CAIRO: For the Egyptians who fought so hard to unseat the regime that dominated their lives for 30 years, the results of the first round of the country's first free presidential election are unthinkable.

Instead of working towards desperately needed economic reform, they are faced with an impossible choice in next month's run-off elections - the Islamist candidate backed by the powerful Muslim Brotherhood movement, Mohamed Mursi, or the candidate seen as a feloul, or remnant of the old regime, Ahmed Shafiq.

Providing some faint hope to the young revolutionaries and progressive voters, the leftist candidate Hamdeen Sabahi, who polled strongly and came in at third place, announced over the weekend that he will appeal for Egypt's presidential election to be suspended over alleged voting irregularities.

The former US president Jimmy Carter, who led a team of electoral observers, said the process had been ''encouraging'' despite constraints, including observers being prevented from seeing the collation of counted votes at regional stations.

Meanwhile, the Muslim Brotherhood's Mr Mursi offered to cooperate with other political parties if he is elected president.

''Our goals are the same, our path is the same. All of us seek stability, democracy and freedom. We also share the aim of stamping on remnants of the corrupt regime,'' he said.

His opponent, Mr Shafiq, pledged to start a new era. ''There is no going back,'' Agence France-Presse quoted him as saying.

The Brotherhood's Freedom and Justice Party already dominate the new parliament after winning 47 per cent of the vote in the November/December elections. Many Egyptians - particularly Coptic Christians and other minorities - fear the possibility of Islamists controlling both the executive and the legislature.

''We went from a one man show with Mubarak, to a one group show with the Brotherhood,'' says Mohamed al-Guindy, an orthopaedic surgeon who was one of the volunteer doctors staffing the makeshift field clinics during the violent government crackdown on protesters in Tahrir Square last year.

Like many Egyptians, Dr Guindy is scathing in his criticisms of the Brotherhood's performance in parliament.

''There has been no progress. It has been exactly the same - there has not been a single point of improvement, wages are still the same, people are still suffering,'' he says.

''I am not asking for the impossible here - I do understand that change cannot happen in three to four months but … by just taking your seat in parliament and literally doing nothing helps no one.''

One major issue that is yet to be resolved is the new constitution - the committee charged with drafting the document collapsed over allegations that the Muslim Brotherhood had stacked the group with its own members.

Out of 100 members of the original committee, there were just six Christians, six women and a handful of liberals.

A supporter of the former foreign minister and Arab League chief Amr Moussa, who came in last of the five front-runners in the first round, Dr Guindy says he will have to consider backing Mr Shafiq, who the former president Hosni Mubarak appointed as prime minister in the dying days of his regime.

Echoing many the Herald spoke to in Egypt, the 27-year-old said he did not want the Muslim Brotherhood to take the presidency: ''I am a Muslim, but I do not think you should combine religion and politics. I think it is a dangerous mix.''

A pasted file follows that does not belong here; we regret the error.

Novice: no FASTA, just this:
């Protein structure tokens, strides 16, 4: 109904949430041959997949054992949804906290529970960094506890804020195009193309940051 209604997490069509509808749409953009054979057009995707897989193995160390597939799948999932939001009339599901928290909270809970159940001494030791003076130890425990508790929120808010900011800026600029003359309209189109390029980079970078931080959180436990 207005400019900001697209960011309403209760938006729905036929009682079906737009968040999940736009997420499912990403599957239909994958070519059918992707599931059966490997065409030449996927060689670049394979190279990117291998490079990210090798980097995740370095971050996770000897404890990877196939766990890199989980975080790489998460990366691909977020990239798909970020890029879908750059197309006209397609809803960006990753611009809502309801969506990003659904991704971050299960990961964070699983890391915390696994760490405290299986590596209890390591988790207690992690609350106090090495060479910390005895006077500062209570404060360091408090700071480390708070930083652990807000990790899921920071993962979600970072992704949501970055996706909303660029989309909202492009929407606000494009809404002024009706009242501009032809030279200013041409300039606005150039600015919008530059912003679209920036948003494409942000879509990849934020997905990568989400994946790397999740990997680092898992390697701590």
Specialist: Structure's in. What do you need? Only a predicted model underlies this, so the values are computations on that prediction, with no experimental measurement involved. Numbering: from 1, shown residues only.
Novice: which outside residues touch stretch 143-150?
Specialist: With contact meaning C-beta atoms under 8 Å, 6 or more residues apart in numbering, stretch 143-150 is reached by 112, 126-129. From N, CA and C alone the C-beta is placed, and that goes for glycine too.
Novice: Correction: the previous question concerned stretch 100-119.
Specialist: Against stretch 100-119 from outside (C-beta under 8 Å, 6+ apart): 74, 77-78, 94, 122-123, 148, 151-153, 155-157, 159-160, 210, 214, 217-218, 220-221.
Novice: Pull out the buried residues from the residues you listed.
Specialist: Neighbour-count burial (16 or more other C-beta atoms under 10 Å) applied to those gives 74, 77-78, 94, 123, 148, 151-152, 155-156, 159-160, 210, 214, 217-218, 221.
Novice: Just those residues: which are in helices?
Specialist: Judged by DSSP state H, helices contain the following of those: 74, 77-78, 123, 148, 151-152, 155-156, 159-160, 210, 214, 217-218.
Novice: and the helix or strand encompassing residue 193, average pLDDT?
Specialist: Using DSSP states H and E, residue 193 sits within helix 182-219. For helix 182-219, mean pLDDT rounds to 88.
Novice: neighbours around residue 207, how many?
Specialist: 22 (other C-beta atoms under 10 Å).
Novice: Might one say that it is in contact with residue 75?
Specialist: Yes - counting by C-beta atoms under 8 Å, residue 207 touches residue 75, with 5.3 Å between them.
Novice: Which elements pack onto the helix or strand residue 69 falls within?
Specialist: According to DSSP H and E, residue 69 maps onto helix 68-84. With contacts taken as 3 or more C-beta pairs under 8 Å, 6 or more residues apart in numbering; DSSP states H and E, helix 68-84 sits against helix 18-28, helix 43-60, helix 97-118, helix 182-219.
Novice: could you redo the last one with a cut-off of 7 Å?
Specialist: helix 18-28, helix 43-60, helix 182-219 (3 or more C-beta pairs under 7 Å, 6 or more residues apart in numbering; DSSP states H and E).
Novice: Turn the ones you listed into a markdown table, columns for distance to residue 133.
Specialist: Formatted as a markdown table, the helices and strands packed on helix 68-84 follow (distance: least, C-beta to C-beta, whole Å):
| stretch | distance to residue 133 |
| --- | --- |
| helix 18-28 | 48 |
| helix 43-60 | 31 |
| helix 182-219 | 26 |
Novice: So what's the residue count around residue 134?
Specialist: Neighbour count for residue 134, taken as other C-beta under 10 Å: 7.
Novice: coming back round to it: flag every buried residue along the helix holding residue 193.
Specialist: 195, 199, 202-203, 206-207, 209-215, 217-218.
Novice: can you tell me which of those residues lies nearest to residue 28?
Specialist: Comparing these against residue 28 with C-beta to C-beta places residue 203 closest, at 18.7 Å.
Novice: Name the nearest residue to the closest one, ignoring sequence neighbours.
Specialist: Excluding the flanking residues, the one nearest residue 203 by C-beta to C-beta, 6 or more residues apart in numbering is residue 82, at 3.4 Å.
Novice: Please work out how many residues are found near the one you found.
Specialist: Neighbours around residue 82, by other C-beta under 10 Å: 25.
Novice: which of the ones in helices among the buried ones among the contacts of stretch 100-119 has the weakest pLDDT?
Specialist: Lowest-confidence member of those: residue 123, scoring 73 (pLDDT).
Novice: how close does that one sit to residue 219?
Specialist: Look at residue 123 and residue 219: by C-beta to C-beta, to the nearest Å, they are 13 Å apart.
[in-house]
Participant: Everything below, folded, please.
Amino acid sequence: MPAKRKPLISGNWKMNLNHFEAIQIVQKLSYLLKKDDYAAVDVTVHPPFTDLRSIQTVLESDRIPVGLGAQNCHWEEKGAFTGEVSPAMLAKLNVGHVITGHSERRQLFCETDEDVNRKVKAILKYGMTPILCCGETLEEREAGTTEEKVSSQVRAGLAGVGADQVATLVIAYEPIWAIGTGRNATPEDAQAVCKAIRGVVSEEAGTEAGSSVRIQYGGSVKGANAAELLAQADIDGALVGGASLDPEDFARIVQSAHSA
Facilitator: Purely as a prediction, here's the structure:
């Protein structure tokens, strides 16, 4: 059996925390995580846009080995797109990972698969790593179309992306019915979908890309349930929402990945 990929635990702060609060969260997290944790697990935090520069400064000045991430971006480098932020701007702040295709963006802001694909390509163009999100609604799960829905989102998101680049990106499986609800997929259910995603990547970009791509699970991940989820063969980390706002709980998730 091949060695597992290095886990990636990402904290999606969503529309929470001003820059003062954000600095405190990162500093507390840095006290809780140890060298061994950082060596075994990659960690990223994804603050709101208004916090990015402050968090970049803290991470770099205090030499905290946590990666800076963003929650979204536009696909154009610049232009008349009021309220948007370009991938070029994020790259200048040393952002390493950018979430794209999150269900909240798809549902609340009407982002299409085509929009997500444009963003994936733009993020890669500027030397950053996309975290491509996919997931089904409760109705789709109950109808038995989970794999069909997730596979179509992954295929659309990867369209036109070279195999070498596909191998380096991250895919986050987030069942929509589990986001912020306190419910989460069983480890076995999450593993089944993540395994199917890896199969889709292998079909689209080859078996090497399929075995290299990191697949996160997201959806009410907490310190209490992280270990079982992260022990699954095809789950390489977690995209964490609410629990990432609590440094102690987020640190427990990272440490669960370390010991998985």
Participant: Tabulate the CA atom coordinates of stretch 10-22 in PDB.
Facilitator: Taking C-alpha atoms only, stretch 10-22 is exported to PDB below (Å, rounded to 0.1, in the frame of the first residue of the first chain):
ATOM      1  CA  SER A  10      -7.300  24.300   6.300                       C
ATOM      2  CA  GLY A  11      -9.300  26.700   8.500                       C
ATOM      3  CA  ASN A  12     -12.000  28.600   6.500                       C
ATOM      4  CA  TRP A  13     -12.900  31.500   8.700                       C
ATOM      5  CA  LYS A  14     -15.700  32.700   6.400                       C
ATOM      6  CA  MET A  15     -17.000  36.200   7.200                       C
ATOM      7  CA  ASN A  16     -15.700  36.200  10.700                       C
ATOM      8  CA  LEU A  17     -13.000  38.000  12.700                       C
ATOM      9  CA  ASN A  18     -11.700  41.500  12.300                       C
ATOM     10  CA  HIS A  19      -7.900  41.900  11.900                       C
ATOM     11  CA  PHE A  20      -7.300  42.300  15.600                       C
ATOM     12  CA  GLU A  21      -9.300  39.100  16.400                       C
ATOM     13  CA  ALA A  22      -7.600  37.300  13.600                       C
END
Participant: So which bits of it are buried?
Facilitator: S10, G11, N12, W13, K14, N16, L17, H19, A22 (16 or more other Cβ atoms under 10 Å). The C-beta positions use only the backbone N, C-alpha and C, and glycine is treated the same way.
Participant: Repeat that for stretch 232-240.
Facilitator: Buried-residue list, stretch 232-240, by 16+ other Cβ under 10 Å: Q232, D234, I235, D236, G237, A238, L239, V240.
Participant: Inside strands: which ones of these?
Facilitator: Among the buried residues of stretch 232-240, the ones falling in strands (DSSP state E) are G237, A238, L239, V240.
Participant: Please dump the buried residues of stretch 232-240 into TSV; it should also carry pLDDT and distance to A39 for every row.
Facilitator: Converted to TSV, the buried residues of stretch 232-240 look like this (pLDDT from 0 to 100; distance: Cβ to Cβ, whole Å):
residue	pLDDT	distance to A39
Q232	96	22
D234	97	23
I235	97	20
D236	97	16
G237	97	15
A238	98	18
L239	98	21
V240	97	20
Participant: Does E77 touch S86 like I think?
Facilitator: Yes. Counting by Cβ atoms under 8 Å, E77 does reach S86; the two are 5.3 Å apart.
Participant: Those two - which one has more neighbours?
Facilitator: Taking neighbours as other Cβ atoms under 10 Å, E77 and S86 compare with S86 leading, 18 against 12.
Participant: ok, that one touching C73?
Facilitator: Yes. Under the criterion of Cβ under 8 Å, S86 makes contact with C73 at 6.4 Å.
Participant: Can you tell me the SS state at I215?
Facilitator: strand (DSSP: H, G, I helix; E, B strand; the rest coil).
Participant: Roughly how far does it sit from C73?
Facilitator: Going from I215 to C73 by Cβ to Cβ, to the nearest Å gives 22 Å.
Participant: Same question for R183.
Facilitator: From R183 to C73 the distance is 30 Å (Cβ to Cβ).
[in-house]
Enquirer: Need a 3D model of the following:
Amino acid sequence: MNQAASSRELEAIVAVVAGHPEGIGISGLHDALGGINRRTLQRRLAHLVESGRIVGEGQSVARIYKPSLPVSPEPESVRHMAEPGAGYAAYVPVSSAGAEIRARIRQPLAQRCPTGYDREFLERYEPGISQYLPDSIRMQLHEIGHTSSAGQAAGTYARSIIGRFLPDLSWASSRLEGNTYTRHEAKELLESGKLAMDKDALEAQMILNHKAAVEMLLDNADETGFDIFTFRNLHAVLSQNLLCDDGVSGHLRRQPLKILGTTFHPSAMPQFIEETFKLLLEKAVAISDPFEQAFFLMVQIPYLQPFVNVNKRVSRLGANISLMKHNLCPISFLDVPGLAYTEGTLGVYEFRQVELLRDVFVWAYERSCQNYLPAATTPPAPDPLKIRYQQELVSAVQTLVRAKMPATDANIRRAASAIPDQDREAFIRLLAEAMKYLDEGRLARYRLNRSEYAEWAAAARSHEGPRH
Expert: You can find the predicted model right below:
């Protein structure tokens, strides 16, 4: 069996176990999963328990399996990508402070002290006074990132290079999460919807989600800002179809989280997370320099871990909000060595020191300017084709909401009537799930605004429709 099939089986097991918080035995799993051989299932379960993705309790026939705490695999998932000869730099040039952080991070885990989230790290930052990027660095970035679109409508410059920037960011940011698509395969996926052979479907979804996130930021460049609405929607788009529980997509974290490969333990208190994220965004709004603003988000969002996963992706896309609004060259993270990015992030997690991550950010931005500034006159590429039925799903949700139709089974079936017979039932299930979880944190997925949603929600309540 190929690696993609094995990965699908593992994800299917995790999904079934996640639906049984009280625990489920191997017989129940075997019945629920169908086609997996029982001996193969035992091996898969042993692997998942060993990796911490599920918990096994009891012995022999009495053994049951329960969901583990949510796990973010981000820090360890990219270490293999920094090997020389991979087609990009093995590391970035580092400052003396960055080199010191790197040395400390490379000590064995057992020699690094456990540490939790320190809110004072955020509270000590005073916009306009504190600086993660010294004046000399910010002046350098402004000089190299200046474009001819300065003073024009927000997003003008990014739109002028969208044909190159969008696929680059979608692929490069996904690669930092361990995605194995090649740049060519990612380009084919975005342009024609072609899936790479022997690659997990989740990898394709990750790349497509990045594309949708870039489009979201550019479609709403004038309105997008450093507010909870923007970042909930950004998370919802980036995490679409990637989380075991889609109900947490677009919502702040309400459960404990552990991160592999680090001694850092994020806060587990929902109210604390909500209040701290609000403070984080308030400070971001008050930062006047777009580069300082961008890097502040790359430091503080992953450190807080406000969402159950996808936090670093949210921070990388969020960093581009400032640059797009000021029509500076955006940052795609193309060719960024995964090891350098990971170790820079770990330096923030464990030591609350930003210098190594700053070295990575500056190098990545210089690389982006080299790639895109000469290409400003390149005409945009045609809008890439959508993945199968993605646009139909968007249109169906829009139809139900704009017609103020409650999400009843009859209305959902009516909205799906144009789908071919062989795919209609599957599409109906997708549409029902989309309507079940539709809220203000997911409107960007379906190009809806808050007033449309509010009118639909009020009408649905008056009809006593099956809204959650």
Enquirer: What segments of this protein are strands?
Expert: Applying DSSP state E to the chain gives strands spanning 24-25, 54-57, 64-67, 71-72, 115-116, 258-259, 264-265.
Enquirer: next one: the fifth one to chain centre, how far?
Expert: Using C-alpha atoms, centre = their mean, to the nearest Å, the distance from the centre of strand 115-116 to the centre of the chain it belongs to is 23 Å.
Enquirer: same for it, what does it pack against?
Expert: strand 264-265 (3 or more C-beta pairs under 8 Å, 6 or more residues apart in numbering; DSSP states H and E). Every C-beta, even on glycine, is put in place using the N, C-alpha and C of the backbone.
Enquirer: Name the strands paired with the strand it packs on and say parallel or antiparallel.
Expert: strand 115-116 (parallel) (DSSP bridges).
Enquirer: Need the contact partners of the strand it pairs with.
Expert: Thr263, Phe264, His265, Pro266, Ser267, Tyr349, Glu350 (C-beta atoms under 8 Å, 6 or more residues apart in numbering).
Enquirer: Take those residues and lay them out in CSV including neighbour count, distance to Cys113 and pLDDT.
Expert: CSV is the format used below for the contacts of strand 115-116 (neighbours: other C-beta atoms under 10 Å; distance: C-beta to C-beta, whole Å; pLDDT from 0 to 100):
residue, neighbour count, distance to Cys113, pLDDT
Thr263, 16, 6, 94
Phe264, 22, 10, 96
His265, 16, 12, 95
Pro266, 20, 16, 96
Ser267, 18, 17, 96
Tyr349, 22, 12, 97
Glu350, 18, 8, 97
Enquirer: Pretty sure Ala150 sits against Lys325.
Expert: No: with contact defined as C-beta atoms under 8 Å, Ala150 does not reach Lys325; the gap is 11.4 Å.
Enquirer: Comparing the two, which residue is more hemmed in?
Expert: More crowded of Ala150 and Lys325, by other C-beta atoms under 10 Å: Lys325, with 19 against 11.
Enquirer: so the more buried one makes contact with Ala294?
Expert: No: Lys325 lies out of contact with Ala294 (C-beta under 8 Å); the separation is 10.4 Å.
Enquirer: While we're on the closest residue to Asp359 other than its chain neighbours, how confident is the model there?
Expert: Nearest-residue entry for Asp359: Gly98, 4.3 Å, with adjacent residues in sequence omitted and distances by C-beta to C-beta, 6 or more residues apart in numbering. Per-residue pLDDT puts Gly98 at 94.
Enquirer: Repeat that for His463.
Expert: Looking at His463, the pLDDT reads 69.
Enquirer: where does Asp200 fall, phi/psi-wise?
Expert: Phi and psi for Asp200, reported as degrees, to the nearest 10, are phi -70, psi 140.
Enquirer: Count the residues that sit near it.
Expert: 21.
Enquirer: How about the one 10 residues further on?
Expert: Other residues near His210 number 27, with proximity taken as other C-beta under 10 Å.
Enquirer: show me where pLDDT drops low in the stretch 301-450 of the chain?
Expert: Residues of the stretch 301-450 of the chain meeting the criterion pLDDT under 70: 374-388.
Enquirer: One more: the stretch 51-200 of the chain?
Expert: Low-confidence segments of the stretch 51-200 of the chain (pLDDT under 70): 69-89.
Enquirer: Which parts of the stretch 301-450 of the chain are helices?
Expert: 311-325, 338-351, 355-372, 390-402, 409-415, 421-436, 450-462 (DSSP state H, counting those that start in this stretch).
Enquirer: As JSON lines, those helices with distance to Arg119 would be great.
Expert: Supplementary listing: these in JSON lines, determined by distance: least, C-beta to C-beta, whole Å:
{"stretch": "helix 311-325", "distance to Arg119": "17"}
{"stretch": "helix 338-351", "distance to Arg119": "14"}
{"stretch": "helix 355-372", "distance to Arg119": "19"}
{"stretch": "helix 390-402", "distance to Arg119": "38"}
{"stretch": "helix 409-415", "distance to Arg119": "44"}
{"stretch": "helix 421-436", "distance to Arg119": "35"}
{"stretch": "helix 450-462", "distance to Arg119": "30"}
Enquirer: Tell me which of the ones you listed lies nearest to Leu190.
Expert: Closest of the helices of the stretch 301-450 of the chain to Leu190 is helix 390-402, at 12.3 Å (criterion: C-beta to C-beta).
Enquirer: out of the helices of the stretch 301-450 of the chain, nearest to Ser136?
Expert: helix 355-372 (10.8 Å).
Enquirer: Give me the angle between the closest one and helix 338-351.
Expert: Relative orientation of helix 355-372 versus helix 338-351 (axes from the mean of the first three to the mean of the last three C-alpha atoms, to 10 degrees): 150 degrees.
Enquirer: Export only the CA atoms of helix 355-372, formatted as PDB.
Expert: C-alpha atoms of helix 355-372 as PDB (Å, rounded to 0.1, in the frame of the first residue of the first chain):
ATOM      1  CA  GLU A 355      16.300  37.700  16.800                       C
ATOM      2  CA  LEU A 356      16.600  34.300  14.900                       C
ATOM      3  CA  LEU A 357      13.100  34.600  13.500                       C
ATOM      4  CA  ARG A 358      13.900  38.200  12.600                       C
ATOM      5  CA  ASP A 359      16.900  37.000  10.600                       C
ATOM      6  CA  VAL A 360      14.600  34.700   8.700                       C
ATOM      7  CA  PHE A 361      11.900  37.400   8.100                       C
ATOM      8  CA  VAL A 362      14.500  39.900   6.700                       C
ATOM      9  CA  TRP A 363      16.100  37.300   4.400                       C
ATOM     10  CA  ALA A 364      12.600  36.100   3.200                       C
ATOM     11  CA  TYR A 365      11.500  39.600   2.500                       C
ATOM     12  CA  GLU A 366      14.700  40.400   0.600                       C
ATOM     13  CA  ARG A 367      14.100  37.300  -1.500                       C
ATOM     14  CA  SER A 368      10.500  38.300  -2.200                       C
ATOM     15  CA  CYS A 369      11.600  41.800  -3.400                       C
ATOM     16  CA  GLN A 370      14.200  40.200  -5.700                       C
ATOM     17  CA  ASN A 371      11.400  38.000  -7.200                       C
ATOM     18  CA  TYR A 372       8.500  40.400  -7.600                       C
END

There is a real sense of a missed historic opportunity, says a prominent Egyptian blogger, Bassem Sabry, of the failure to run a ''unity'' revolutionary candidate in the election.

''There is now a sense of heavy-hearted confusion as progressive revolutionary Egyptians find themselves torn between three painful options,'' he wrote on his blog An Arab Citizen.

''The first would be voting for what seems to be a hungry and increasingly-conservative political machine that is at odds with much of their beliefs … voting for a secular-leaning candidate who immediately represents an autocratic regime they fought with their lives to bring down … and a boycott.''

But a boycott, he notes, will damage the broad appeal needed for an urgent national reconstruction effort.

Officially, Egypt's unemployment rate is 12.2 per cent, however experts say the country's enormous informal employment sector, where many barely make enough to live, masks a much greater problem.

Its gross domestic product growth, 7.2 per cent in 2008, is forecast to fall to 1.5 per cent in 2012 and its GDP per capita is $US6500. And while official figures indicate 20 per cent of the population live below the poverty line, it is widely believed the real rate is as high as 40 per cent.

''Egypt's problem is not just one of economic mismanagement but of endemic corruption,'' a research fellow in Middle East politics at the German Institute of Global and Area Studies in Hamburg, Elizabeth Iskander, says.

The country is facing a series of urgent and complex economic challenges - most significant is its crippling unemployment problem, she says.

''This is the problem that affects all Egyptians directly, [it] was a main contributing factor to the frustration that fed the uprising and it will be the indicator that many Egyptians will judge the success of the new government upon.''

The incoming president must ensure the government designs economic policies that promote employment, reform the taxation system and lift education and training levels, says associate professor of political economics at the American University of Cairo, Samer Soliman.

''The Egyptian taxation system now is unfair and inefficient, it is biased against the poor and the middle classes, it is full of corruption, fraud and avoidance.

''In the long run the whole future of the Egyptian economy depends on the capacity of the new regime to reform state institutions, to reform education and reform the public sector and taxation.''